So now we have two shooting suspects in our hallway, but no warrants to go with them. Suddenly, the first man says, “This is the number which called my phone if you want to call him back.” A member of the shooting called the number, it rang a few times, then was answered with this…

*laughter* “You’ve just been pranked by 106 FM!” *more laughter*

The detective is very good at what he does, and is usually on an even keel. This time, he let loose.


The “suspects” were immediately released, and we all wondered what would have happened if one of them would have reached into their pocket while ignoring our commands. Assholes.

True Detective Stories

In my twenty-four years in law enforcement, there is really only one thing that truly scares me anymore is the telephone. The effects of picking it up run the gamut from wrong numbers to terrifying, idiotic questions. Yesterday I had the latter.

Officer: “Hi, we had a complainant come to the window to report an assault. Should we send the report up to you?”
Me: “That depends. What exactly happened?”

Officer: “Well, this female was walking down the street when an unknown black male walked by her, brushed his hand across her leg, and said, “Nice thighs.”

At this point I both face-palmed and head-desked.

Me: “I’m sorry, but are you f**king kidding me?” (Sadly, those were my actual words.)

Officer: “No, the woman is here and wants to make a police report for assault. We called the Special Victims Unit-”
Officer: “Yes, and they said they wouldn’t take it because the male didn’t tough her genitals.”

Me: “So, let me see if I understand this. A woman is walking down a busy street at a busy intersection in the middle of the day. Some clown brushed past her, blurts out, “Nice thighs,” and you believe this is an assault. Have I got that right?”
Officer: “Yes, and she wants to press charges.”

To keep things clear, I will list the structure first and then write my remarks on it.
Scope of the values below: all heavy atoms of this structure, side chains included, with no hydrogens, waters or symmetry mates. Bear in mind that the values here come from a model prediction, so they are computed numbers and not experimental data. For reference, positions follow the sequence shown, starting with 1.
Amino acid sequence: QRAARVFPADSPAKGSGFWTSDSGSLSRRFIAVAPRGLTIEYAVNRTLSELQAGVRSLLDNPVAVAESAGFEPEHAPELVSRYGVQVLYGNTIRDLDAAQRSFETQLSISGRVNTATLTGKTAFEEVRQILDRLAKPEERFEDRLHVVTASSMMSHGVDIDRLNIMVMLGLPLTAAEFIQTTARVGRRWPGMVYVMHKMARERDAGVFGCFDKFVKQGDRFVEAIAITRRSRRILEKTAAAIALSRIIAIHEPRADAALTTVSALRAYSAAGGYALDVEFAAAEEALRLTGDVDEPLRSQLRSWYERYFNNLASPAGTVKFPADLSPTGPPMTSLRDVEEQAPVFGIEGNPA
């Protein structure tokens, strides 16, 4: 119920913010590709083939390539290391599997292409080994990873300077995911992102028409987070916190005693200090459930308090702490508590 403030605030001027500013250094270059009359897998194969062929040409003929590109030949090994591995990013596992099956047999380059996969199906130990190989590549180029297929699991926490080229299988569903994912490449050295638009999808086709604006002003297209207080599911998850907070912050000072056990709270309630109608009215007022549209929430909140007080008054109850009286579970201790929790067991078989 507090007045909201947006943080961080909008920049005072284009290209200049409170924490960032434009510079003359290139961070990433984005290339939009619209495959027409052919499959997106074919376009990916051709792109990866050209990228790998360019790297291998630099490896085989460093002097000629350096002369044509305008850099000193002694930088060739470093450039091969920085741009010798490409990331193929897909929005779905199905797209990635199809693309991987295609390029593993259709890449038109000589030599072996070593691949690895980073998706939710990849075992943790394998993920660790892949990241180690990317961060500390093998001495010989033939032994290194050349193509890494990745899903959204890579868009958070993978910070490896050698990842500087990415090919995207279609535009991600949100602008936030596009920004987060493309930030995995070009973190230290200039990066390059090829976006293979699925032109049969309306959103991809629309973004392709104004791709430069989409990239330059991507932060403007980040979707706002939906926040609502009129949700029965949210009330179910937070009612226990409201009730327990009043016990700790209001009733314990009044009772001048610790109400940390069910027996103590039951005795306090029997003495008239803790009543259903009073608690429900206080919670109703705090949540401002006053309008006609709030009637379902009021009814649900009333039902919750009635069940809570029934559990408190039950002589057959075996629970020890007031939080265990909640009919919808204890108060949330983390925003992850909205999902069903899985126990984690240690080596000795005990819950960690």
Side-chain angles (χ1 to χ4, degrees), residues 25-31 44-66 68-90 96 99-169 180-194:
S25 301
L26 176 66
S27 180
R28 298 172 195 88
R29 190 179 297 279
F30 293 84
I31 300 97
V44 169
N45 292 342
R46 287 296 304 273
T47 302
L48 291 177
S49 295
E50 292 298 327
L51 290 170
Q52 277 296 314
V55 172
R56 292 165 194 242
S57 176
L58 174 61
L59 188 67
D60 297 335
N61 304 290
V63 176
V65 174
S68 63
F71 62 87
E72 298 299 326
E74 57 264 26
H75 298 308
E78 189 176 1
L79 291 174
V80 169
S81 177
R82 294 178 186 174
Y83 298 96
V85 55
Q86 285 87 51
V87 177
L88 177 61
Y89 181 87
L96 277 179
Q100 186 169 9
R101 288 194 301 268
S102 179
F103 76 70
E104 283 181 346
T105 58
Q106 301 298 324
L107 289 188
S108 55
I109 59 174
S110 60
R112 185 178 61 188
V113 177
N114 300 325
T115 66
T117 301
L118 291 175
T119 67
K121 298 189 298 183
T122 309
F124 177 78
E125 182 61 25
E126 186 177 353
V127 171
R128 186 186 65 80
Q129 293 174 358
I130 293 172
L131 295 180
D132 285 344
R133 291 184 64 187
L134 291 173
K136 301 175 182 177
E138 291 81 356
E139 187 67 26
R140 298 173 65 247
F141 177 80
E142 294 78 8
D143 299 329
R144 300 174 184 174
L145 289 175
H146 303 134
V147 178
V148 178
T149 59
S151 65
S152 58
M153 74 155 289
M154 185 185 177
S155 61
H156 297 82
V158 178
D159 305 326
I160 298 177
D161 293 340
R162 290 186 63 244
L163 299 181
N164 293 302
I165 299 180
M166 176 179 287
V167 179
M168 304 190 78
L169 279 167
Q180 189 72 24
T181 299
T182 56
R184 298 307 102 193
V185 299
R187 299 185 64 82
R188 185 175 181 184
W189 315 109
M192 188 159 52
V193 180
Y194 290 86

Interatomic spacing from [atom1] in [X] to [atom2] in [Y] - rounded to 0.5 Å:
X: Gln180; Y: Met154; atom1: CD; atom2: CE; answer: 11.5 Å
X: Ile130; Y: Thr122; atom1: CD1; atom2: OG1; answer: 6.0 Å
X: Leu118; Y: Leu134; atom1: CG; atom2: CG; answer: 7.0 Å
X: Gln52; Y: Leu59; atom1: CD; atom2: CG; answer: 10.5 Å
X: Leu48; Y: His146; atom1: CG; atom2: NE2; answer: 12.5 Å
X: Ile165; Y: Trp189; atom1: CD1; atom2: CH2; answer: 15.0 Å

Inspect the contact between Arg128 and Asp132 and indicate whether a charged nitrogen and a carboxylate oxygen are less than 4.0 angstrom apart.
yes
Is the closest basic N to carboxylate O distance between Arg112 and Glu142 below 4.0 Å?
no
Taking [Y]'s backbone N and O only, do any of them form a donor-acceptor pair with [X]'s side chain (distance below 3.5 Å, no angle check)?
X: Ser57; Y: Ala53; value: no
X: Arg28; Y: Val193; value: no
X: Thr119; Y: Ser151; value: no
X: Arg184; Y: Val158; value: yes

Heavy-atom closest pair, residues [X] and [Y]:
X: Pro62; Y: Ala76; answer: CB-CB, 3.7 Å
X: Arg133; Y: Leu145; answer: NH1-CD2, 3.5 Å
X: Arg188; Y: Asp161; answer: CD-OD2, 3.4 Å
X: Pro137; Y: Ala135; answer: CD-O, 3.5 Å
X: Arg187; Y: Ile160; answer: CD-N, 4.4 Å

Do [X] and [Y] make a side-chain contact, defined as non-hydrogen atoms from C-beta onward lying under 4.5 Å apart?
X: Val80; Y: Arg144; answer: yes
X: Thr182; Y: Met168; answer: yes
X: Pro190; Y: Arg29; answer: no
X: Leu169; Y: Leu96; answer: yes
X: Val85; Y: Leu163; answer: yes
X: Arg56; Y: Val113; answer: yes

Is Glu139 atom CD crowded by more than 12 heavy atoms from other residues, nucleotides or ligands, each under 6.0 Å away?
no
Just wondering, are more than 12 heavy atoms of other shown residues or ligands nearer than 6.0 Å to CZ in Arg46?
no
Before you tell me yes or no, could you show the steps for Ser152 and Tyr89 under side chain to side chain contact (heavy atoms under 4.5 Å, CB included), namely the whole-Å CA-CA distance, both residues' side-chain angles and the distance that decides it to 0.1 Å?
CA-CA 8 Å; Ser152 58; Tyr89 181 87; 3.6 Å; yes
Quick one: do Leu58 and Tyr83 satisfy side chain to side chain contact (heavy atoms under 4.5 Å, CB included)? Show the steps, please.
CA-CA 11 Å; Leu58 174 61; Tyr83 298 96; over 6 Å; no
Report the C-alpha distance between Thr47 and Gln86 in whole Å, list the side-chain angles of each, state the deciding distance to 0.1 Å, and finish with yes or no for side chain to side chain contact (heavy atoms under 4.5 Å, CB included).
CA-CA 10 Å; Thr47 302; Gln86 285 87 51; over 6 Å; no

Me: “She wants to press charges against an unknown man who brushed past her?”
Officer: “Yep.”

Me: “Officer, you sound new, so just send the report up and I’ll deal with it. That said, we work in one of the busiest divisions in the city, and last I checked, we lead the city in shootings. Do you really think a brush-by is the best way to utilize investigative time? People brush past each other on the streets, in the subways, at sporting events, and so on. Should we get arrest warrants for them, too?”
Officer: “I guess I see your point.”

Yeah, I figured she would. This department is swirling the toilet, and I am unable to anything about it.

True Detective Stories

Yesterday was my first day back to work after funeral leave. I didn’t want to go back, but I was worried sitting home for a week would see the depression return. Unfortunately, this place is so toxic that I should have stayed in bed.

I’m trying to be a better person, because I think that’s what my father-in-law would have wanted. He loved me for who I am, but he was also as much aware of my faults as you guys are. I’m far from a perfect person, and at work, I anger easily because I’m usually surrounded by lazy, stupid people. I’m trying to be better.